Although I finished the book almost a month ago, I’ve been thinking about it again over the past week. The Space Shuttle Columbia disaster brought back many memories of the Space Shuttle Challenger disaster some 17 years earlier. Feynman was a member of NASA’s Rogers Commission and discovered the problem with O-rings that caused the explosion. It was his characteristic curiosity that led him to experiment with rubber O-rings and ice water, solving the mystery of the disaster.
I’m worried about Wesley Snipes. I think he’s lost his touch.
I recently rented Undisputed, a movie about a prison boxing match. Terrible. In brief, the heavyweight champion (Ving Rhames) ends up in jail, convicted of rape. A typical alpha male, he fights anyone who gets in his way. He learns that another inmate (Wesley Snipes) is a good boxer and vows to fight him. Several training scenes and conversations with bookies later, the two get it on in the right. No surprise, Snipes wins the fight. Hurrah for the underdog, I guess? Uninspired plot, poor acting, and very little action. Not your typical Wesley.
Thinking this was just a fluke, I decided to get another Wesley film: Liberty Stands Still. Even worse. In this film, Wesley plays a psychopath who decides to shoot a lot of people because his daughter was killed at school by some kid with a gun. Equipped with his own sniper rifle, he holds a woman and her lover hostage with a couple of bombs, and shoots at anyone he feels like. The camera occasionally drops into slow-motion shots of Wesley staring blankly at a barrette clipped to his gun. He’s angry. We get it. But are we supposed to believe that he’s righteous for killing the gun company’s executives and random other people? Director Kari Skogland doesn’t give us any reason to care about any of the characters.
What happened to the Wesley that we all know and love? What happened to the man who gave us such classics as New Jack City (the film that invented the concept of the bling bling gangster) and Passenger 57 (about a badass airline security wonk who happens to be on the wrong plane at the right time)?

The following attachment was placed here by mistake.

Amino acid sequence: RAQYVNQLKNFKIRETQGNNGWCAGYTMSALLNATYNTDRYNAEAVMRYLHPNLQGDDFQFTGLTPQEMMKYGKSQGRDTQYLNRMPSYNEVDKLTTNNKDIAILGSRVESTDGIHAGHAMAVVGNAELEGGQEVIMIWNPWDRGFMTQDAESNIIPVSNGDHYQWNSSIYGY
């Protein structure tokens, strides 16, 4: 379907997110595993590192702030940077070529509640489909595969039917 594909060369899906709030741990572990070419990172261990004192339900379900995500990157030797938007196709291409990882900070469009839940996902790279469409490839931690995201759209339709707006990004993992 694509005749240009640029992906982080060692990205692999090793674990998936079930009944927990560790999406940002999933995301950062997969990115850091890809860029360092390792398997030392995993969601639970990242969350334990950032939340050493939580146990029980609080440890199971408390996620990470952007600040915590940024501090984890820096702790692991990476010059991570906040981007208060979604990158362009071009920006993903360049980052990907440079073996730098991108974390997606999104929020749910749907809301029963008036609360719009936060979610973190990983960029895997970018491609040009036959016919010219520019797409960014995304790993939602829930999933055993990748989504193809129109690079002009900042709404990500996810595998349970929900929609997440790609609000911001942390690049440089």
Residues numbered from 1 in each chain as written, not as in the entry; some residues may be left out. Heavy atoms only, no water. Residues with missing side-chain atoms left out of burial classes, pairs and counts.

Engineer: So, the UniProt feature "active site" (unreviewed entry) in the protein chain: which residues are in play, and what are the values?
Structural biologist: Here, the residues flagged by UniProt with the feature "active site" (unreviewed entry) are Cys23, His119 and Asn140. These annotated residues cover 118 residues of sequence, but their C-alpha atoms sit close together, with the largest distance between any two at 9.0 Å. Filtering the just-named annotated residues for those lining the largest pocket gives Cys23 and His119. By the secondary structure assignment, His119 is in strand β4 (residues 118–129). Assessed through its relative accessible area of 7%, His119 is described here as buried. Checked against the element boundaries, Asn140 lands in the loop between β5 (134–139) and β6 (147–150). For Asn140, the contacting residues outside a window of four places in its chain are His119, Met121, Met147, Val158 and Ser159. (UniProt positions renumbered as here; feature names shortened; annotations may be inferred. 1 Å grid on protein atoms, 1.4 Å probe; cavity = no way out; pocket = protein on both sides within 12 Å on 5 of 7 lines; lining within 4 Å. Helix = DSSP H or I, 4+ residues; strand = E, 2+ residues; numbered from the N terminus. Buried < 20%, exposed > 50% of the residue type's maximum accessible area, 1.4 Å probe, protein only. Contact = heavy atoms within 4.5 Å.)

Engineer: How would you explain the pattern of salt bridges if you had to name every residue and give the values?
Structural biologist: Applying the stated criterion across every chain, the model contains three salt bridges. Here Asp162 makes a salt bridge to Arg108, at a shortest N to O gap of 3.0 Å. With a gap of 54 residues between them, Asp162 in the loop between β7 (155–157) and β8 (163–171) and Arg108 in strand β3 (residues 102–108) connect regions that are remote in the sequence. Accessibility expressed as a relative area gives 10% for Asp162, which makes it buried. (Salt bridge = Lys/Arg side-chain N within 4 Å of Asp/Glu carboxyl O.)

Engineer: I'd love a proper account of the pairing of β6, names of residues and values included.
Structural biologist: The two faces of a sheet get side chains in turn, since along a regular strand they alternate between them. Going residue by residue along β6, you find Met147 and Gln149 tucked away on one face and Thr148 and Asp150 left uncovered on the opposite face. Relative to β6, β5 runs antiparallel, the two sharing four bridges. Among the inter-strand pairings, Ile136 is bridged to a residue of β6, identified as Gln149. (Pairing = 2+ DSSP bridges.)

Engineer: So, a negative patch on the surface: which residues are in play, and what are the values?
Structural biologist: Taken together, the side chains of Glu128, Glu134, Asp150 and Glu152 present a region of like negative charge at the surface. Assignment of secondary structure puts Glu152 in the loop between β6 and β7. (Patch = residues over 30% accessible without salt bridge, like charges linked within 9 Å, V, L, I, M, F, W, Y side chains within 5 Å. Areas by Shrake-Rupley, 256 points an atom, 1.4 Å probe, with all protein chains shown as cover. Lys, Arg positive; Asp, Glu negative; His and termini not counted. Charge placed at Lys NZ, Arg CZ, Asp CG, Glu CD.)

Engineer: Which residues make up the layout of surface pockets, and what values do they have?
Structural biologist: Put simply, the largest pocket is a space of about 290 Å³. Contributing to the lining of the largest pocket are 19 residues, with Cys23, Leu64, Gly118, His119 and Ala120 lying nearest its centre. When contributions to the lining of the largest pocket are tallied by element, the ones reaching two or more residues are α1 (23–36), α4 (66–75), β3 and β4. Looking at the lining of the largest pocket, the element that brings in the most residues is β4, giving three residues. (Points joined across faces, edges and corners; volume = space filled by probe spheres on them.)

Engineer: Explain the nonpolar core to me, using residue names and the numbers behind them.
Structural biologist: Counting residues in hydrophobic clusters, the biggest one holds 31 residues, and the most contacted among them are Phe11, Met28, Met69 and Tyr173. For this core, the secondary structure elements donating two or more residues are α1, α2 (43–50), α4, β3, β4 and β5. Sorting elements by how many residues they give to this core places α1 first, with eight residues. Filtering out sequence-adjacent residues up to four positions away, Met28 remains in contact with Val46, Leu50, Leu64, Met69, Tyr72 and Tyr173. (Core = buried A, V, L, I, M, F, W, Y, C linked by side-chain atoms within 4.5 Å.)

Where is the actor who gave us mindless but entertaining action hits like Demolition Man (find an excuse to demolish anything you can find), Drop Zone (find an excuse to parachute out of a lot of planes and land on anything you can find) or Blade (find an excuse to kill a lot of vampires and any other beasties you can find)?
I miss you, Wesley. I’m going to cross my fingers when I rent Blade II. I hope I re-discover the real you.
Sam Williams spins a compelling story about a man who is so passionate about a single idea that he ends up alienating most people he meets.
I finished reading Free as in Freedom: Richard Stallman’s Crusade for Free Software a couple of weeks ago (it’s on my reading list for 2003). Sam Williams spins a compelling story about a man who is so passionate about a single idea that he ends up alienating most people he meets.
On the whole, the book is well-written and insightful. I found chapters 10 and 11 (“GNU/Linux” and “Open Source”) the most interesting. These chapters are less autobiographical and more historical. They do a good job of explaining why the Open Source movement is important (the Free Software Foundation is a bunch of religious zealots that don’t care to understand or work with the business world).
When I heard RMS interrupt and insult a speaker at the 2002 O’Reilly Open Source Convention because the speaker used the term “Free Software” to refer to “Open Source” software, I didn’t really understand why he would be so rude. The other chapters in the book, as a whole, tell us why he’s such a jerk. They don’t condone his behavior, but they do offer an explanation of how he came to be the person he is today.
The whole St. Ignucius shtick makes me embarassed to be an Emacs user. I can’t code without it, but I hate the pseudo-religion that RMS attaches to its use.